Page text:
The Mets have, somehow, out-The Apple’d The Apple, which is a hilarious, The Onion-esque satirical website that’s all about our favorite baseball team. Can we be honest here and say that the MVP of the Mets so far this offseason is hilarity?

So what are we even talking about here? Press play and see. You’ll enjoy quite the promotional video for 2011 Citi Field tickets, that was produced to look like a piece of SNY Breaking News. It even has a “press conference.” Talk about your red herring! So the burning question: who’s the best actor in this… piece? Is it Kevin? Sandy? Terry? Or is it anybody who doesn’t laugh while they watch this?

You have to hand it to them: they really are trying with this PR stuff. Most of it has been completely spot-on, but this? A tad silly.

I bet that’s not even Sandy’s office! But that’s just a nitpick. Enjoy, folks.

(Source: readtheapple.com)

Not only does Collins have major league experience as a manager, he’s spent the past year as the Mets’ Field Coordinator. In that role, Collins pretty much was responsible for knowing and structuring every last detail of the club’s farm system, from coordinating teaching methods to evaluating staff.

And man oh man, if there’s a team in the majors that needs structure, teaching and coordinating right now, it’s the “Can’t Anybody Here Play This Game” gang.

This is an organization that desperately needs to be steam-cleaned, detoxed and spit-shined.

By putting an adult in charge upstairs — Alderson — the Wilpons finally are giving themselves a real chance not to come off as the goofs they are.

By putting Collins in charge downstairs, Alderson swiftly reinforced the chain of command and the notion that, among other things, he intends to start remaking the Mets from the inside out.

Scott Miller

You want to know what Terry Collins was like as a manager? Watch the part of Full Metal Jacket with the drill seargent in basic training. Watch the Geico commercial about the guy going to therapy with a drill seargant. By all accounts, Terry Collins was a tightly wound drill seargent.

But Collins’ managerial style was not just evident in 1999. That was when it was exposed for everyone to see. Consider that in August of 1997, Tony Philips was busted for smoking cocaine in a seedy motel. The team was contending. Now these things happen, but both the 97 and 98 teams faded in the last 45 days of the season and having Napoleon 24/7 could not have helped in every circumstance.

His jersey number was “1”. Think about that. He was the kind of jerk who would wear Number One as a symbol that he was number one. No chance he could lead by example, he had to lead by jersey number. The only good thing that I can say about Terry Collins was that he got my team to its revolution a lot quicker. Maybe you think that you need that. You don’t.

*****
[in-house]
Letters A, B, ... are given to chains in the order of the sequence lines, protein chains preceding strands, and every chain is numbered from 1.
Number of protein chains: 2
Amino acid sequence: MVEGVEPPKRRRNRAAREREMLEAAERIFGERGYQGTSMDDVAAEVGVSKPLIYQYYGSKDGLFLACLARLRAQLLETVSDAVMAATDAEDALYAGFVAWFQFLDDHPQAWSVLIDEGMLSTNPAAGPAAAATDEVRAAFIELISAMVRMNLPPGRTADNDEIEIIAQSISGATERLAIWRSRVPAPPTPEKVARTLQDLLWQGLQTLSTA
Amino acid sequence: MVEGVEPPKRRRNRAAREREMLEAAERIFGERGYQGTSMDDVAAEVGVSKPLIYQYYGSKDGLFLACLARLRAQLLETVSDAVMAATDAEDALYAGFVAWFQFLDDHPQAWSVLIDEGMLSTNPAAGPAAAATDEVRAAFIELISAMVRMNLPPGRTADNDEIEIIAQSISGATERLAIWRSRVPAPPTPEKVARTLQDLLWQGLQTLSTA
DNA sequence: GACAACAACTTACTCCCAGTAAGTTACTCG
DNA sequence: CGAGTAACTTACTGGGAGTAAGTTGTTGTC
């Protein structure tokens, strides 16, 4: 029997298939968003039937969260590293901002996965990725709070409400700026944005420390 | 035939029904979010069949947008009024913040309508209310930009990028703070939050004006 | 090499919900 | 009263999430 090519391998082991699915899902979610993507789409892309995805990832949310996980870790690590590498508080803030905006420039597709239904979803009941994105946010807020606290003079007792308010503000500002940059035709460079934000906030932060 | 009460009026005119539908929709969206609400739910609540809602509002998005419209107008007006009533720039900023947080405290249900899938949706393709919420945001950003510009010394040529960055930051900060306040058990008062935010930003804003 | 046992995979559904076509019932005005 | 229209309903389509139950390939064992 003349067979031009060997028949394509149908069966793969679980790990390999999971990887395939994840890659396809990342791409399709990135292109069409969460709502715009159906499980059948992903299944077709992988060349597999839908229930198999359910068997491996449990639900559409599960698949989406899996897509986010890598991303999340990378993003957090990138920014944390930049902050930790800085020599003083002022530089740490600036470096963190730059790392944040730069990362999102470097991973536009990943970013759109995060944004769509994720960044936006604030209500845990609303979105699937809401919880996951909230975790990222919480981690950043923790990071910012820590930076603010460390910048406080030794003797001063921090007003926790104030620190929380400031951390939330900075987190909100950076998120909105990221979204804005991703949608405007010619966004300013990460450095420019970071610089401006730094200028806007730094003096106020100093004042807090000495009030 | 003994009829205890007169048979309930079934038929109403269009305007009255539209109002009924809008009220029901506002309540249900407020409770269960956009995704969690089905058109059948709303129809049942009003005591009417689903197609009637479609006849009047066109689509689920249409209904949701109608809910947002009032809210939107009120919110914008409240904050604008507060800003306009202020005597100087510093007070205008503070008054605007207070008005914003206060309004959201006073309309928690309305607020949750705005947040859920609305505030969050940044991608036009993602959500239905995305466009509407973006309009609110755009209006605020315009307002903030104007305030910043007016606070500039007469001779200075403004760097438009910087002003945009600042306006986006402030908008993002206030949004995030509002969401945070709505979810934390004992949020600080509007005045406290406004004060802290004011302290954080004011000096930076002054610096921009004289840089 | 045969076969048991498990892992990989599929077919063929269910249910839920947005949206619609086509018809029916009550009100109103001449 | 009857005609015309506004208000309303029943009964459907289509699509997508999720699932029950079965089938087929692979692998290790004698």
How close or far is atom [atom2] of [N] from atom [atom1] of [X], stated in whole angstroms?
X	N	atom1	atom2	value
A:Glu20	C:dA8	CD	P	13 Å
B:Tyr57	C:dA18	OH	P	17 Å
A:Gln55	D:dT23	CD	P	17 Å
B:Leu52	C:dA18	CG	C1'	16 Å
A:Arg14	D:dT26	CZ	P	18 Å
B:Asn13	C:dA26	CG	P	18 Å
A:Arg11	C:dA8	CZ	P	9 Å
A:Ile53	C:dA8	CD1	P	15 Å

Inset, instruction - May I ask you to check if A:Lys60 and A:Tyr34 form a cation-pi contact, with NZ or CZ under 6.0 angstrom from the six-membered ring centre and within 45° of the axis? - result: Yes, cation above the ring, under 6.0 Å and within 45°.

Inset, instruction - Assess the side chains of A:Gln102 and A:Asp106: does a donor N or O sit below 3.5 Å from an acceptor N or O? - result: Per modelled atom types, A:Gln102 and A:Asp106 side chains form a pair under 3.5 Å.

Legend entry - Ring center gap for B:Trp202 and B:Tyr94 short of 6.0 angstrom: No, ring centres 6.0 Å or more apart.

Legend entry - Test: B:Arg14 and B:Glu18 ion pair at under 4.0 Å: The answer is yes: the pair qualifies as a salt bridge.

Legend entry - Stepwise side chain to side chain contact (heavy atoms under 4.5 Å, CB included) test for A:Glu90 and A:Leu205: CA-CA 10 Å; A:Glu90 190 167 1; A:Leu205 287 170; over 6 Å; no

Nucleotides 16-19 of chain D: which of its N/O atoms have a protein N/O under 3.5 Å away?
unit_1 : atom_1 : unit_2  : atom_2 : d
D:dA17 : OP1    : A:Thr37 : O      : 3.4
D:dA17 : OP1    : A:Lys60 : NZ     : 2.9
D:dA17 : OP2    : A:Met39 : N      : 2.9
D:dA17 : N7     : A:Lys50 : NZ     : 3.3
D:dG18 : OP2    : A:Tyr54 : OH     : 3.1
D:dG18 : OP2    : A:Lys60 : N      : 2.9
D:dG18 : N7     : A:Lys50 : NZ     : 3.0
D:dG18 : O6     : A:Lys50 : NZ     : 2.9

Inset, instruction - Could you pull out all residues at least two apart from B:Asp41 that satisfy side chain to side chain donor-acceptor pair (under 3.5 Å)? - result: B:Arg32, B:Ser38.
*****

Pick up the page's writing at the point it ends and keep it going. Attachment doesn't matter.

Halos Heaven on Terry Collins
Hale expected to remain in organization, Melvin will not be bench coach.
Dave Wallace is a good friend of Collins and is on the short list of pitching coaches. Wallace was senior advisor to the GM with the Mets and then Mets pitching coach in 2000.
Mookie Wilson may return as first base coach per @MatthewCerrone

Hale expected to remain in organization, Melvin will not be bench coach.

Dave Wallace is a good friend of Collins and is on the short list of pitching coaches. Wallace was senior advisor to the GM with the Mets and then Mets pitching coach in 2000.

Mookie Wilson may return as first base coach per @MatthewCerrone

What You Need To Know About Terry Collins

Image: Terry Collins and Mets owner Fred Wilpon
Collins played 10 years in minor league ball for the Pirates and Dodgers organizations. His MLB managerial record is 444-434 with the Astros and Angels.
He managed the Astros from 1993, replacing Art Howe, until he was fired in 1996. The Astros finished second place all three seasons under Collins.
With the Angels, he took them to back to back second place finishes in 1997 and 1998, he resigned after 29 games in 1999. It was reported that the players petitioned that he should be fired.
Collins spent three years managing in Japan from 2006 to 2009 and was the manager of the China National Baseball team for the 2009 World Baseball Classic.
Collins was the minor league field coordinator for the Mets in 2010.
Former MLB player on playing for Collins (NYBD)

What You Need To Know About Terry Collins

Image: Terry Collins and Mets owner Fred Wilpon

Collins played 10 years in minor league ball for the Pirates and Dodgers organizations. His MLB managerial record is 444-434 with the Astros and Angels.

He managed the Astros from 1993, replacing Art Howe, until he was fired in 1996. The Astros finished second place all three seasons under Collins.

With the Angels, he took them to back to back second place finishes in 1997 and 1998, he resigned after 29 games in 1999. It was reported that the players petitioned that he should be fired.

Collins spent three years managing in Japan from 2006 to 2009 and was the manager of the China National Baseball team for the 2009 World Baseball Classic.

Collins was the minor league field coordinator for the Mets in 2010.

Former MLB player on playing for Collins (NYBD)